Open Access
The regulation of cell growth and survival by aldosterone
Ruth Dooley1,Brian J Harvey1,Warren Thomas1
Department of Molecular Medicine, Royal College of Surgeons in Ireland, Education and Research Centre, Beaumont Hospital, Dublin 9, Ireland.
DOI: 10.2741/3697 Volume 16 Issue 2, pp.440-457
Published: 01 January 2011
(This article belongs to the Special Issue Estrogen receptors in lipid raft signalling)

The steroid hormone aldosterone is synthesized from cholesterol, mainly in the zona glomerulosa of the adrenal cortex. Aldosterone exerts its effects in the epithelial tissues of the kidney and colon and in non-epithelial tissues such as the brain and cardiovasculature. The genomic response to aldosterone involves dimerization of the mineralocorticoid receptor (MR), dissociation of heat shock proteins from MR, translocation of the aldosterone-MR complex to the nucleus and the concomitant regulation of gene expression. Rapid responses to aldosterone occur within seconds to minutes, do not involve transcription or translation and can modulate directly or indirectly the later genomic responses. Aside from the well-known effects of aldosterone on the regulation of sodium and water homeostasis, aldosterone can also produce deleterious structural changes in tissues by inducing hypertrophy and the dysregulation of proliferation and apoptosis, leading to fibrosis and tissue remodelling. Here we discuss the involvement of aldosterone-mediated rapid signalling cascades in the development of disease states such as chronic kidney disease and heart failure, and the antagonists that can inhibit these pathophysiological responses.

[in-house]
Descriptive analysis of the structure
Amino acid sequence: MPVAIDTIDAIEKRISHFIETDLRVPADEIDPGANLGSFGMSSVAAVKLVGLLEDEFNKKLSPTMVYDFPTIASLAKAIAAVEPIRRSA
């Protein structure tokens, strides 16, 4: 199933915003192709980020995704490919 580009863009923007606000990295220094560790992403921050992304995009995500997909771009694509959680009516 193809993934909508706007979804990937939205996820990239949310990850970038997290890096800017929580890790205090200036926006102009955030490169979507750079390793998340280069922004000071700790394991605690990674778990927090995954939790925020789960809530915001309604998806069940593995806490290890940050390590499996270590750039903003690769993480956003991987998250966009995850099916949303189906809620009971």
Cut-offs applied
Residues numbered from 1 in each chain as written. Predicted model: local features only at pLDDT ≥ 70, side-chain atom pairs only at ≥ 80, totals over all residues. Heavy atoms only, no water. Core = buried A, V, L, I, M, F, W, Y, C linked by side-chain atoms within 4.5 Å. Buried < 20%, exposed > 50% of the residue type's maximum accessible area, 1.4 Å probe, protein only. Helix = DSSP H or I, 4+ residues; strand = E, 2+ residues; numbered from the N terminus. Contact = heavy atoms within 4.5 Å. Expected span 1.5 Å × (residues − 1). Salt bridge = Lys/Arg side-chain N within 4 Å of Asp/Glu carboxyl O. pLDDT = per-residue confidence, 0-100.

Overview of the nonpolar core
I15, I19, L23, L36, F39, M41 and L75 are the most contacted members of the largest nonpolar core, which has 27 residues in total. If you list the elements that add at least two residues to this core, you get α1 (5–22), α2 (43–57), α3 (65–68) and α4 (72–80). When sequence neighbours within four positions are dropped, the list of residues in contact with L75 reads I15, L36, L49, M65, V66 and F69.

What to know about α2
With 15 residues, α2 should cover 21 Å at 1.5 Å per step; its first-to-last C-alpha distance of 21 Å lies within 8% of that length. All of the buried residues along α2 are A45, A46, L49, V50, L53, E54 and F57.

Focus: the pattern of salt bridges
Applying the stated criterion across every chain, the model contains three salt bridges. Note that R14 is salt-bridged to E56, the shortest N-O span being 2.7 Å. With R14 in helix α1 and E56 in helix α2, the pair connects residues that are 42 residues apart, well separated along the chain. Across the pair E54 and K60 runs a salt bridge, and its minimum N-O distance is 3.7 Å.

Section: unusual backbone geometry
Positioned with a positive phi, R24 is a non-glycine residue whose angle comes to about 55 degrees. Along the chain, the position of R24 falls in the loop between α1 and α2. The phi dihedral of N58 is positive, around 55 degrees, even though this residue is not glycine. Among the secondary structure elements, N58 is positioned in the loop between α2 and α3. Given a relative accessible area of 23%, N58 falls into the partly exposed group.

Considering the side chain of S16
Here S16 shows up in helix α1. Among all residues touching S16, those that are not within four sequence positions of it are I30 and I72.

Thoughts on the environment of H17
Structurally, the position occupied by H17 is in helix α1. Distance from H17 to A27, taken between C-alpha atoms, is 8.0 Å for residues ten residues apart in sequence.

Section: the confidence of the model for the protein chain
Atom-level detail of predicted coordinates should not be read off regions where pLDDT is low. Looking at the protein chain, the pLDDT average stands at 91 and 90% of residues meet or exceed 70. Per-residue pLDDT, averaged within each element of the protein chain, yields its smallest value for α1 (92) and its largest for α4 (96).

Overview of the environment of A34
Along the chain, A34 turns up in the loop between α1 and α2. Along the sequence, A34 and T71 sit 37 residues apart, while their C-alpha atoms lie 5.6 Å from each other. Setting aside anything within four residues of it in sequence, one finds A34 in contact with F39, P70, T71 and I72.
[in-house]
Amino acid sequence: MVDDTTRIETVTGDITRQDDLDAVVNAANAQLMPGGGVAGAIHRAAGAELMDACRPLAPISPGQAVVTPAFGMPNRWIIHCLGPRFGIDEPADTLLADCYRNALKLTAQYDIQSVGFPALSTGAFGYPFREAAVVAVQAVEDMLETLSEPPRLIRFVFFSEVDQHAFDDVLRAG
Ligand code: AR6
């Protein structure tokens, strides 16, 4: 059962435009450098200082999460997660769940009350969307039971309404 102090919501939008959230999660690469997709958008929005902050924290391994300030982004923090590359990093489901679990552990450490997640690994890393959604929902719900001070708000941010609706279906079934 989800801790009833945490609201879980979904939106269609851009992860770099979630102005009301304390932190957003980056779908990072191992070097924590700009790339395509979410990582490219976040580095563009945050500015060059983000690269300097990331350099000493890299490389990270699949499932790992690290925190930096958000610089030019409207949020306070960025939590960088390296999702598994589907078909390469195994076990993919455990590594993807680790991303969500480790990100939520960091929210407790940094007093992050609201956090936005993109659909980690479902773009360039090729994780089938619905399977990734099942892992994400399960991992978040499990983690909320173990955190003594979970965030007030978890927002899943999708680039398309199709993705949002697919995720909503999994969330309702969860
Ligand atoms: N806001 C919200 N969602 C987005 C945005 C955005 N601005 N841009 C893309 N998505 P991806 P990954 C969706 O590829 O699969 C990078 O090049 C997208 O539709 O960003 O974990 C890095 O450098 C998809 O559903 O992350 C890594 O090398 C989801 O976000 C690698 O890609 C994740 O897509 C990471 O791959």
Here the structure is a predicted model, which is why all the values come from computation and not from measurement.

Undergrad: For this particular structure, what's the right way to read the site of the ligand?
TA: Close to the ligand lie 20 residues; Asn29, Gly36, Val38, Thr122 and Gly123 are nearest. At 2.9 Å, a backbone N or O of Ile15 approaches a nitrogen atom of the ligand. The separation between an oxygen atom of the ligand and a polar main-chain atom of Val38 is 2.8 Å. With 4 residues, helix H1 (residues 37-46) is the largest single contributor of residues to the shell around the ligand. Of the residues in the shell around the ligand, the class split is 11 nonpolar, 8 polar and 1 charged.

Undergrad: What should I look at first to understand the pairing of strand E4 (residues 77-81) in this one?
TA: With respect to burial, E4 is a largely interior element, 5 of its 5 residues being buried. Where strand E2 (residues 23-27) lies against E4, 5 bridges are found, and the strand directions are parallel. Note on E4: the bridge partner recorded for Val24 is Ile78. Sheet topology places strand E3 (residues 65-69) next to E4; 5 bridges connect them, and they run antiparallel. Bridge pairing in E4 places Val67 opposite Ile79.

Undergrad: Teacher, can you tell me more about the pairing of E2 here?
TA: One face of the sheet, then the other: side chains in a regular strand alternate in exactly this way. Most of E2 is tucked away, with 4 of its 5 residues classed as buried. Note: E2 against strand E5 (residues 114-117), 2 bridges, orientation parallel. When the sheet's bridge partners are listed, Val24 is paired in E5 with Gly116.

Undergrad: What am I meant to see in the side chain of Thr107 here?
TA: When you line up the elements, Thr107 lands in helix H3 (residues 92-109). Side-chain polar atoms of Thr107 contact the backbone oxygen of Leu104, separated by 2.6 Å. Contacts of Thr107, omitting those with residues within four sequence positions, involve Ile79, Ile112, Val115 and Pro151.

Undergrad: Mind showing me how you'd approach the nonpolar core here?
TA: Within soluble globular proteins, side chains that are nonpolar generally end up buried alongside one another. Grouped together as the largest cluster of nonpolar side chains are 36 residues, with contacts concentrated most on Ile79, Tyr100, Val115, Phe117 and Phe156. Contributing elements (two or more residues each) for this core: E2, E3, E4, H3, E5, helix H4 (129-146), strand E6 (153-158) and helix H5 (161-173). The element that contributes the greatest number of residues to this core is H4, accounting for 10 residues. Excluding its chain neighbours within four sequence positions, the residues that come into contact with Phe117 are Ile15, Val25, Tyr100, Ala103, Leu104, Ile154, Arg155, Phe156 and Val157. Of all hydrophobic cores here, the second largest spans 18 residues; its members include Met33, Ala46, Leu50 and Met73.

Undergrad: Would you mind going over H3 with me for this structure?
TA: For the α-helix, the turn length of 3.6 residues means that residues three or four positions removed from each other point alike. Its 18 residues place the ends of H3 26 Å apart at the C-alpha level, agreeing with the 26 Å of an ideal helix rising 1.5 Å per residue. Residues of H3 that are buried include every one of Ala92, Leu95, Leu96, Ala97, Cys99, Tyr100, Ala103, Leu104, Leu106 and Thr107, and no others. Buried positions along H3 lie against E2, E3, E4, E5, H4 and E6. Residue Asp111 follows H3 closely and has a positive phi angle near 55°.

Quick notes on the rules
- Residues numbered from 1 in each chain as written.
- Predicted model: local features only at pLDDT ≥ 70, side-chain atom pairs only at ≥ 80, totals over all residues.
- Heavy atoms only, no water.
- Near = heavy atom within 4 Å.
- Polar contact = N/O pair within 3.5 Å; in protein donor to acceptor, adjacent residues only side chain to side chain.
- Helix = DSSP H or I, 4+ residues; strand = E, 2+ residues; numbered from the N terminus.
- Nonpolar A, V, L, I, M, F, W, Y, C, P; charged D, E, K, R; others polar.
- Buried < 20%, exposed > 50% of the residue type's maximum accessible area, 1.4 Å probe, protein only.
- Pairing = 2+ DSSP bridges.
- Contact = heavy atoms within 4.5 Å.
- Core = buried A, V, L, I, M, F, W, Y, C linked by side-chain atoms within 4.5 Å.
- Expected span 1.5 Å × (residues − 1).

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Ruth Dooley, Brian J Harvey, Warren Thomas. The regulation of cell growth and survival by aldosterone. Frontiers in Bioscience-Landmark. 2011. 16(2); 440-457.